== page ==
Another important game was that between Yates and Fairhurst, a Lopez. In a critical position where both players were threatening mate on the move, Yates saw further than his opponent and gained an important success. Wahltuch by accounting for Wallis in 53 moves, kept well in the foreground. At the end of this round the scores were : Colle 5½ (1), Yates 5 (1), Thomas and Bogoljuboff 4½ (1), Barlow 4 (2), Wahltuch 4 (2), Fairhurst 3½ (2), and Buerger 3 (2), the figures in brackets indicating the number of games still to be played.

In the eighth round there were further surprises: Fairhurst, showing to far better advantage than Bogoljuboff, scored a fine win, which brought him well into the limelight as a candidate for the second prize. Barlow, after having a drawn ending against Colle, weakened and Colle by winnning made sure of first prize. Saunders was unlucky not to win against Wahltuch. The important game between Yates and Thomas, a French with 3..., B—Kt 5, ran to 91 moves before a draw was agreed, Thomas drawing an ending with lone Knight against Knight and doubled Pawns.

In the ninth round Colle and Thomas had no games, having played in advance. The scores were : Colle 6½, Yates 5½, Thomas 5, and Bogoljuboff 4½ all finished. Then came Fairhurst (4-J) with Wahltuch (5) to play, and Barlow (4) with Buerger (4) to play.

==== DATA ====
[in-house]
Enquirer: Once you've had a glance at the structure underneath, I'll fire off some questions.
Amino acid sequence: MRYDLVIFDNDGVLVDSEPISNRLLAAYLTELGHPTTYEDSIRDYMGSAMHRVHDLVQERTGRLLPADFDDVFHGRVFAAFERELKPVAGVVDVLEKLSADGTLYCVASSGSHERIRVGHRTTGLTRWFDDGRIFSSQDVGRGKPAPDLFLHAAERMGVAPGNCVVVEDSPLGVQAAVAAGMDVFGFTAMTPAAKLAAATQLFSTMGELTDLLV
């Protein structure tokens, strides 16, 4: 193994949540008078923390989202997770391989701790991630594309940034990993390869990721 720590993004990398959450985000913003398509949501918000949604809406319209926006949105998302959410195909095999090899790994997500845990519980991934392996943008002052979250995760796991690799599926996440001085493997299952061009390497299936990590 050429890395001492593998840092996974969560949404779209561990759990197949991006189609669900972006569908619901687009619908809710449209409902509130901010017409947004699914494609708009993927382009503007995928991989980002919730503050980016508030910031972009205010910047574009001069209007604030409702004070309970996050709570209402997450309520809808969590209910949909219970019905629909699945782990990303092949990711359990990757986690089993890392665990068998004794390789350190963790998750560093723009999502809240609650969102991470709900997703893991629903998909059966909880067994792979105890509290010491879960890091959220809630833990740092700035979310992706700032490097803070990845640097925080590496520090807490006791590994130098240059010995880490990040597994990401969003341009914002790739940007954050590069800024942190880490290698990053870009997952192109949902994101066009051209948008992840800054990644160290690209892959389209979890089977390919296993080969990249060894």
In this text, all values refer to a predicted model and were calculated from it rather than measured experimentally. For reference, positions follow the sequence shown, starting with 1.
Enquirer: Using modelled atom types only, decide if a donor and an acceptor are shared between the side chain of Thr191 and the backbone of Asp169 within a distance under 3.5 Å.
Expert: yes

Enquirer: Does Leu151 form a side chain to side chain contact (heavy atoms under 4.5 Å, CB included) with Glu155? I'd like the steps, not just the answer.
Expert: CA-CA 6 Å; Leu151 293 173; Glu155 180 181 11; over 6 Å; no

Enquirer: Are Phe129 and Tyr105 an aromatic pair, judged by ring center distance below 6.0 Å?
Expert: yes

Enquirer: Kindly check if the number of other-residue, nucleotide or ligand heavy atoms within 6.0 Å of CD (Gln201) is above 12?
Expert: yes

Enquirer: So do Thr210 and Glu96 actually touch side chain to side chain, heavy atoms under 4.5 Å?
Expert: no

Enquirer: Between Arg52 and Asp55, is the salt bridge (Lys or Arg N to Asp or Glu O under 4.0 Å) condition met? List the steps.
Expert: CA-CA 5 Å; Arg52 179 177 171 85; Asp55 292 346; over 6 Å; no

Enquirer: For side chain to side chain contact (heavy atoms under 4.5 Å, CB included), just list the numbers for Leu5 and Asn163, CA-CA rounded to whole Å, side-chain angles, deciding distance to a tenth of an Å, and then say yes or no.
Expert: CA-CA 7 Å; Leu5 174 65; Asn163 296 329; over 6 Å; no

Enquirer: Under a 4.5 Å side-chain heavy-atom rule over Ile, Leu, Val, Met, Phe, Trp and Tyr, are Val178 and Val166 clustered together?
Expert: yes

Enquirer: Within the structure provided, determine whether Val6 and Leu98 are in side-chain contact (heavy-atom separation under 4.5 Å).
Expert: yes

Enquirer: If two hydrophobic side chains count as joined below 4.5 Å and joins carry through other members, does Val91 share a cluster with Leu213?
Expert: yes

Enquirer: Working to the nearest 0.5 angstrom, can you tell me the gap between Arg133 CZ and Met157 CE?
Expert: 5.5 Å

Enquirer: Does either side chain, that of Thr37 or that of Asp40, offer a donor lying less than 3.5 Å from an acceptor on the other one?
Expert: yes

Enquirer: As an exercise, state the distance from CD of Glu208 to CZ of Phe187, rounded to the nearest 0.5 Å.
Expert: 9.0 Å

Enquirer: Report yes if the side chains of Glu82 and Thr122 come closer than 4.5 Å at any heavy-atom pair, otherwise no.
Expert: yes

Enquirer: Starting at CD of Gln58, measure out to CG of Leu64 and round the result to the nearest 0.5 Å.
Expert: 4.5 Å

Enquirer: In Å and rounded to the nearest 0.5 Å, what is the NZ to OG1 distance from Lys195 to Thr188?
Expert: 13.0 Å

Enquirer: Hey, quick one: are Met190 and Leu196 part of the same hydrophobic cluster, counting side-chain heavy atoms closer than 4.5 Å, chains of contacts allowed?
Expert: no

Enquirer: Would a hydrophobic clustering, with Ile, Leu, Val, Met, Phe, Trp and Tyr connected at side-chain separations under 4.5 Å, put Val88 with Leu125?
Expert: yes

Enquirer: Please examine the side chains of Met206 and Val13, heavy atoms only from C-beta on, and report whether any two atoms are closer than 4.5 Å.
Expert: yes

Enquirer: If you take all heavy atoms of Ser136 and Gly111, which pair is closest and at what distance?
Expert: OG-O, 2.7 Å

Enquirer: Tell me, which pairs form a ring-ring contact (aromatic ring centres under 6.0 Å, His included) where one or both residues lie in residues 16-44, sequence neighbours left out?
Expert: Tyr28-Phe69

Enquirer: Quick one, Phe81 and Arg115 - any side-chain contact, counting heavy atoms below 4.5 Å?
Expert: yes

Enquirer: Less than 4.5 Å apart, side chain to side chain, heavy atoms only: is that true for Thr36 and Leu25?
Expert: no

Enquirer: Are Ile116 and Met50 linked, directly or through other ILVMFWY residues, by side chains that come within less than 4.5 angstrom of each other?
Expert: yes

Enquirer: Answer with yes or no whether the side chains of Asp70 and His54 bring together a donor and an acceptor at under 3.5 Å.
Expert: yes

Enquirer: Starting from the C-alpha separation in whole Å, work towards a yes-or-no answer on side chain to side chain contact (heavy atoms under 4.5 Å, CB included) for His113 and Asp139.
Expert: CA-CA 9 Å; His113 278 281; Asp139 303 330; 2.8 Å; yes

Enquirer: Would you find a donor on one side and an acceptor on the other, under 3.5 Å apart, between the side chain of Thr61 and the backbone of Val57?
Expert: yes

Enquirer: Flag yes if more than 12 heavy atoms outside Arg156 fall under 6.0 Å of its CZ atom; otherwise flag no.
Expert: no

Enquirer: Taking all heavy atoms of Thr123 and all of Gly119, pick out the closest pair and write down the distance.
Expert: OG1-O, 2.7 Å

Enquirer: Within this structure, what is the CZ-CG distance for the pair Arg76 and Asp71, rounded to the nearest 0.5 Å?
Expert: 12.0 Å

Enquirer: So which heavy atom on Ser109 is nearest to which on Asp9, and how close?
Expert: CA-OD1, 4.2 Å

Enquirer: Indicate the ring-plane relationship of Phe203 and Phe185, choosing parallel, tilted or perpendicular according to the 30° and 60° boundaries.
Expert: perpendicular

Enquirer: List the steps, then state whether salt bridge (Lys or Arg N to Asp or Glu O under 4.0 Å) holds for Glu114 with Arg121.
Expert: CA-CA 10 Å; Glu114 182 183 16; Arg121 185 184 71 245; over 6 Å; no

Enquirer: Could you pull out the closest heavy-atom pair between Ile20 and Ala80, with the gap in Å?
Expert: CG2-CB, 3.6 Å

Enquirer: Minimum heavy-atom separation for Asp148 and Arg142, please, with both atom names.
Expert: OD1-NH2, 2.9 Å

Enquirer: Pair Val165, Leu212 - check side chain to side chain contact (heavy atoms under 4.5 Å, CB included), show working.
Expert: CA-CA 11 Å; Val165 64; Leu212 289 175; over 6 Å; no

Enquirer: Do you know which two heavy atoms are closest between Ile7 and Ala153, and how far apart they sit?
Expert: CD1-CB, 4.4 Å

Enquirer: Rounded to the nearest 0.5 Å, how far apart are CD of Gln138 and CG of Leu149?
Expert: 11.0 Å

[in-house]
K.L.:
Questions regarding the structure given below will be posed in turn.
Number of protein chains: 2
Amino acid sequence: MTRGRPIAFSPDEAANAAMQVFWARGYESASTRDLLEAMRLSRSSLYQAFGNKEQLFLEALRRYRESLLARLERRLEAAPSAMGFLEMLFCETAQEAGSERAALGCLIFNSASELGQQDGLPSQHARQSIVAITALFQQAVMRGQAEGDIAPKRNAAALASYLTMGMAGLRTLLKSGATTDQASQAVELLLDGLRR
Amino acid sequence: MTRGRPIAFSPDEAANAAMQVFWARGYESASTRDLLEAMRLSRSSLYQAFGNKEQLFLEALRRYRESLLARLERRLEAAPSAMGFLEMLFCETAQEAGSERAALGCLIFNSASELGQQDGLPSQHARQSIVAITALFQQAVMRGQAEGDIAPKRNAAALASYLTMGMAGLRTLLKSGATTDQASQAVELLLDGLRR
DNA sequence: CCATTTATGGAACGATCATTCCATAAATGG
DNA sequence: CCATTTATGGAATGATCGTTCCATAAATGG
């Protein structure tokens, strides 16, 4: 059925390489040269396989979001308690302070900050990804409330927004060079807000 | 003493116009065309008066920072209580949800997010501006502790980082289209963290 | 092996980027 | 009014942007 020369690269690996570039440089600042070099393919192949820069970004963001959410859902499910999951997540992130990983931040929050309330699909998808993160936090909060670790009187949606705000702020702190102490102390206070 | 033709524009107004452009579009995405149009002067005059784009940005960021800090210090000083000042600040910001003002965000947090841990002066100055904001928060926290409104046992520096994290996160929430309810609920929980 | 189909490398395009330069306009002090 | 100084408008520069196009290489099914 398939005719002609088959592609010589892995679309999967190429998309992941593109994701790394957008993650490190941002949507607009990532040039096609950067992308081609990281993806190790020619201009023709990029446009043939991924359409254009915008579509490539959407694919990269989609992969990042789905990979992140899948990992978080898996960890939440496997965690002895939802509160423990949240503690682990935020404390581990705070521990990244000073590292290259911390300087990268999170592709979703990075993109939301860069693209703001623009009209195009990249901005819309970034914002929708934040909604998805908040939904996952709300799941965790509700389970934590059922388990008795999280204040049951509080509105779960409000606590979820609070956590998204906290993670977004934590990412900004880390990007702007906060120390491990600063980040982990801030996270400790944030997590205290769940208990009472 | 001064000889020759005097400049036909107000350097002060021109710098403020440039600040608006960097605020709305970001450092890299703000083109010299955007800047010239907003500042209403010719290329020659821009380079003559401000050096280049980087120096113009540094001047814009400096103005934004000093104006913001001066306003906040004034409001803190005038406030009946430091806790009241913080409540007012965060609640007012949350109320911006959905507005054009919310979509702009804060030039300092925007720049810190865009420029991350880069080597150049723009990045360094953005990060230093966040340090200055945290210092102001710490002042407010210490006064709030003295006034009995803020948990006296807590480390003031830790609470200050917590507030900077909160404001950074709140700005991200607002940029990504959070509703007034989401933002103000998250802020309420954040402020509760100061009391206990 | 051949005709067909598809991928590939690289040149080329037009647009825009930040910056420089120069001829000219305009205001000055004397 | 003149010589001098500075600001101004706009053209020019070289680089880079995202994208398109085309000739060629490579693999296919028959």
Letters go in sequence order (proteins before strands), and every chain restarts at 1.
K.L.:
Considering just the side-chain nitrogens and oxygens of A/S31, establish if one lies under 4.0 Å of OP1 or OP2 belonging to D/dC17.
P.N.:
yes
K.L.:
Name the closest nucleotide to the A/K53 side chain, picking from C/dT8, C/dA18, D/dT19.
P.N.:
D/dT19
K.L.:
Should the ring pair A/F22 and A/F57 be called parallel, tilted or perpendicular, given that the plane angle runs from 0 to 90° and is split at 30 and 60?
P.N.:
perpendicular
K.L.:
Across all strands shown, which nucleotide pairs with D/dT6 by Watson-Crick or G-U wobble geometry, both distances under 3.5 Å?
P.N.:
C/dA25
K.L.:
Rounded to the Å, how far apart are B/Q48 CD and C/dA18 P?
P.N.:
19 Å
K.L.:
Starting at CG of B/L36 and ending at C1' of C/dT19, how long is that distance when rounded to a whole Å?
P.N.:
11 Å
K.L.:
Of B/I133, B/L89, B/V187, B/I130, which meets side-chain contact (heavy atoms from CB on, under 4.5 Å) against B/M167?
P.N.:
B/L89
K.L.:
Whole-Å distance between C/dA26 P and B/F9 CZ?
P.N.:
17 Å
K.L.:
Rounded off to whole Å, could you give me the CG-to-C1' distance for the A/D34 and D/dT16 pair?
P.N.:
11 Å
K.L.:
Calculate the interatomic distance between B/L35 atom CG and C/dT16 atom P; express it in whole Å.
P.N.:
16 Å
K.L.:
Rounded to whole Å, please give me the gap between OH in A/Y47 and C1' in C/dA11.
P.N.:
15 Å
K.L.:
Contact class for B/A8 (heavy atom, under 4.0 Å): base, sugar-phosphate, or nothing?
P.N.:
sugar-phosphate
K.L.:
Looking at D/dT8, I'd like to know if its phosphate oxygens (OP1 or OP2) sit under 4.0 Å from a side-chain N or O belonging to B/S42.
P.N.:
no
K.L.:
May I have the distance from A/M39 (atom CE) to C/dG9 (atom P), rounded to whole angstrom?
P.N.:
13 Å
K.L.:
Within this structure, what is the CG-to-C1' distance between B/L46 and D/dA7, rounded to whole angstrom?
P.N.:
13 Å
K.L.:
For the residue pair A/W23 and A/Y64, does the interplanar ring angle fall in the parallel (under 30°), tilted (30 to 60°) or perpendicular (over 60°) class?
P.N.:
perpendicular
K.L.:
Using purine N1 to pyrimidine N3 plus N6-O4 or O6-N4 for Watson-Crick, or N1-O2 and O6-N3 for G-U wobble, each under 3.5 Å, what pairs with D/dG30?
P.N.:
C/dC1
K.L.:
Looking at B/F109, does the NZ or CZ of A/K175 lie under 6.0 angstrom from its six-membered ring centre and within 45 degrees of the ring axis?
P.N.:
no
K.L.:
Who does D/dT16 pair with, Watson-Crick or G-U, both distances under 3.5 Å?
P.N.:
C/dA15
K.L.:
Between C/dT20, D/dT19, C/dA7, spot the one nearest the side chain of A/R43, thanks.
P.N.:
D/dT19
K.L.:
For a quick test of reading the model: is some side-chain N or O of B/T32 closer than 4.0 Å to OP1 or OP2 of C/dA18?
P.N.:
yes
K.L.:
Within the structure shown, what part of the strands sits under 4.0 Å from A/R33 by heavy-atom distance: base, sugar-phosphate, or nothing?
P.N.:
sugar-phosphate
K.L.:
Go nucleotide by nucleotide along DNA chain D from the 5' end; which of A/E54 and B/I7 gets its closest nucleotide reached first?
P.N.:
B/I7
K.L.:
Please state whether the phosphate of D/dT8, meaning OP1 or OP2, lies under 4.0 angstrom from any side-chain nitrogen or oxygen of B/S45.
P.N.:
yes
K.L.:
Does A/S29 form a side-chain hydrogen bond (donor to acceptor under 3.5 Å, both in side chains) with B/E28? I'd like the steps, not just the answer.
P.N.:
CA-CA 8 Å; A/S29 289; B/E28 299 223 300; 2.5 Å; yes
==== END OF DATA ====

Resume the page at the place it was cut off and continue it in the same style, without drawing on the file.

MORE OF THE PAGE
Fairhurst made light of Wahltuch, whose attempts to evolve an attack ended merely in his own discomfiture. Barlow played a good game against Buerger’s Cambridge Springs Defence and won a piece. From here on Buerger displayed great ingenuity, and aided by some weak moves on Barlow’s part came out with a difficult ending, the Exchange up for a Pawn. He handled this in exemplary style, and by winning shared fourth prize with Thomas and Wahltuch.

In reviewing the results we must concede that Colle fully deserved his first prize—incidentally his first “ first ” on British soil, for he played the soundest chess. The popular Belgian champion, who is now permanently resident in Paris, has had a remarkable series of successes in tournaments since Weston, 1926, for only once has he failed to carry off a high prize.

Yates had the distinction of going through the tournament with less defeats (and more draws!) than any other competitor. As usual he accounted for the strongest player, Bogoljuboff, and in tournaments since December, 1926, he can look back upon victories against the strongest foreign masters, such as Grünfeld, Réti (twice), Tartakover and Bogoljuboff. His constant practice in big tournaments seems to be doing him good, although he does not seem to have found a satisfactory defence to the Queen’s!